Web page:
Truly embracing badness means moving beyond a politics in which cisgender people grant the least disruptive forms of transgender identity a marginal amount of inclusion. It means, instead, pursuing a world in which the distinction between cis and trans ceases to exist altogether, because the systems enforcing binary sex and gender are dismantled. Achieving this new, bad world might very well mean looking backward at the lessons that less currently valued media objects contain. This analysis is therefore intended as a form of “trans care” for the dated, awkward, inauthentic archive of bad trans media, for the trans people who love the bad object that the transgender body is, and for all those who wish to find ways of continuing to be resistantly gendered subjects—now and into the bad future.37
Katy Steinmetz, “The Transgender Tipping Point,” Time, May 29, 2014, https://time.com/135480/transgender-tipping-point/.
Oliver C. Haug, “Halfway through the Year, 2021 Is Already the Worst Year Ever for Anti-Transgender Legislation,” Ms., July 16, 2021, https://msmagazine.com/2021/07/16/2021-worst-year-ever-anti-trans-legislation/.
Sam Feder and Alexandra Juhasz, “Does Visibility Equal Progress? A Conversation on Trans Activist Media,” Jump Cut, no. 57 (Summer 2016), www.ejumpcut.org/archive/jc57.2016/-Feder-JuhaszTransActivism/index.html.
Kiley May, “There Wasn’t a Bechdel Test for Trans Representation, So I Made One,” Vice, November 26, 2019, www.vice.com/en/article/7x5nje/there-wasnt-a-bechdel-test-for-trans-representation-so-i-made-one.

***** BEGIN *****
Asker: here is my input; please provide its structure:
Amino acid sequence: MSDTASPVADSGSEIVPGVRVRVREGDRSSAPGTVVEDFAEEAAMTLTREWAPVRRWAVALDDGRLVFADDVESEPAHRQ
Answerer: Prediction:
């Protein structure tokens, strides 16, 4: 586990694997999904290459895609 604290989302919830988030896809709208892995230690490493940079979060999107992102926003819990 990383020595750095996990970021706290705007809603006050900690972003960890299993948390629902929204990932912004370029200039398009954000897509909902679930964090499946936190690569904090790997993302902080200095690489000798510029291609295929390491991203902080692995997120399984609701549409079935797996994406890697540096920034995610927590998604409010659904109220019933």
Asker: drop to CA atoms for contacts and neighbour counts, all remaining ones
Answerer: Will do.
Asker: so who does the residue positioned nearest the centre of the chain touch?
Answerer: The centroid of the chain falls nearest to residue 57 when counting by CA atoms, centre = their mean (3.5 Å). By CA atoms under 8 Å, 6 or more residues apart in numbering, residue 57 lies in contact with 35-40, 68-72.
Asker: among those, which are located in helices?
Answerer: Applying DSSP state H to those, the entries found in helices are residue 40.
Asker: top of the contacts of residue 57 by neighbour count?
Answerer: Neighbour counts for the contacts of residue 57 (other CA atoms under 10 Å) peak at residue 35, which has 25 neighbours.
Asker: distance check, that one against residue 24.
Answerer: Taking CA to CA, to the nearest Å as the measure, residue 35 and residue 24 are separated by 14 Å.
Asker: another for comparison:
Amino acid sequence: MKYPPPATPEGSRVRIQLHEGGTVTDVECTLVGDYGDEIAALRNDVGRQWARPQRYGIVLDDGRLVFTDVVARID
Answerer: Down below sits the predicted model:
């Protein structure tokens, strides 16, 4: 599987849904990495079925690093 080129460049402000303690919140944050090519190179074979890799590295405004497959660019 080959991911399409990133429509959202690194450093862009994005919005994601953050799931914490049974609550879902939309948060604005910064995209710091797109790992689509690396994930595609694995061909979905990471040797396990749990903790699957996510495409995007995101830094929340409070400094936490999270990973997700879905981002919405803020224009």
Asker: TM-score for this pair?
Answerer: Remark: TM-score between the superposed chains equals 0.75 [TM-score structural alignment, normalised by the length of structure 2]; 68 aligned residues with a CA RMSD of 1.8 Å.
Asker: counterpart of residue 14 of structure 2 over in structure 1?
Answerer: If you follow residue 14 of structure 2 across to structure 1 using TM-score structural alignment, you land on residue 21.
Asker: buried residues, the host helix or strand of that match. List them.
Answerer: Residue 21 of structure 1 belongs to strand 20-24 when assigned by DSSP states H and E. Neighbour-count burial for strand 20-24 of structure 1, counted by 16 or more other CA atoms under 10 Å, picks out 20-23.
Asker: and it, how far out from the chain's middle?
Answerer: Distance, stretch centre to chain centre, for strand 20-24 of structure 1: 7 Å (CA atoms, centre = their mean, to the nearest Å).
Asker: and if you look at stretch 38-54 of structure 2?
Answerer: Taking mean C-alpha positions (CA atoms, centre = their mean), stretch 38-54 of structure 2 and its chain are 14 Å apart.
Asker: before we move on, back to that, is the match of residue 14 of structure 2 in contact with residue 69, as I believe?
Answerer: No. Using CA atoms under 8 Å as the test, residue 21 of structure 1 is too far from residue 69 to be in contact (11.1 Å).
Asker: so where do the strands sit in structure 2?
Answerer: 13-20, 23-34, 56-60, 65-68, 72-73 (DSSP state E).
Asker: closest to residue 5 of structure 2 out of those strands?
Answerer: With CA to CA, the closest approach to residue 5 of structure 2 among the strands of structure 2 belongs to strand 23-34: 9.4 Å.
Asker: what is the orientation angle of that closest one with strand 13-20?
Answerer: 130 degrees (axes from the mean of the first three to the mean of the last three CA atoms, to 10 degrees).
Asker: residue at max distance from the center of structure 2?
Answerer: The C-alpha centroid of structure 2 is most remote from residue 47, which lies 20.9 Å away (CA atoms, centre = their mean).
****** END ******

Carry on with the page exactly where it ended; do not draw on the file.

GLAAD’s annual tracking of LGBTQ media representation shows that the number of transgender characters on scripted television has more than quadrupled since 2015. See GLAAD, “Where We Are on TV: 2020–2021,” www.glaad.org/whereweareontv20.
For additional discussion of the current cultural value system that splits “good” from “bad” transgender media objects, see the first part of my three-part series “In Praise of the Bad Transgender Object,” in FLOW, November 28, 2019, www.flowjournal.org/2019/11/in-praise-of-the-bad/.
See Eliza Steinbock, “The Wavering Line of Foreground and Background: A Proposal for the Schematic Analysis of Trans Visual Culture,” Journal of Visual Culture 19, no. 2 (2020): 171–83, in which Steinbock writes, “What transgender visual culture studies must analyze and critique … is this wavering line of foreground and background that outlines the categorical value of trans as it arrives into the domain of the visual” (172).
Ralph J. Poole, “Towards a Queer Futurity: New Trans Television,” European Journal of American Studies 12, no. 2 (Summer 2017): 12–21.
One recent example of this trend is Quebec’s Bill 2, which was brought forward by Quebec Justice Minister Simon Jolin-Barrette in October 2021. The bill proposes changes to the province’s family law, including the possibility of having separate sex and gender indications on government ID. Adding an additional marker would mean that transgender people would be allowed to change their legal gender markers at will, but would be required to undergo sex-reassignment surgeries to change the additional sex marker. The Trump administration’s 2018 memo that proposed to narrowly define gender as a biological, immutable condition determined by genitalia at birth (effectively transforming “gender” into “sex”) is another example of the effort to restabilize “sex” as transgender identity is assimilated into the concept of gender as a social, rather than biological, phenomenon.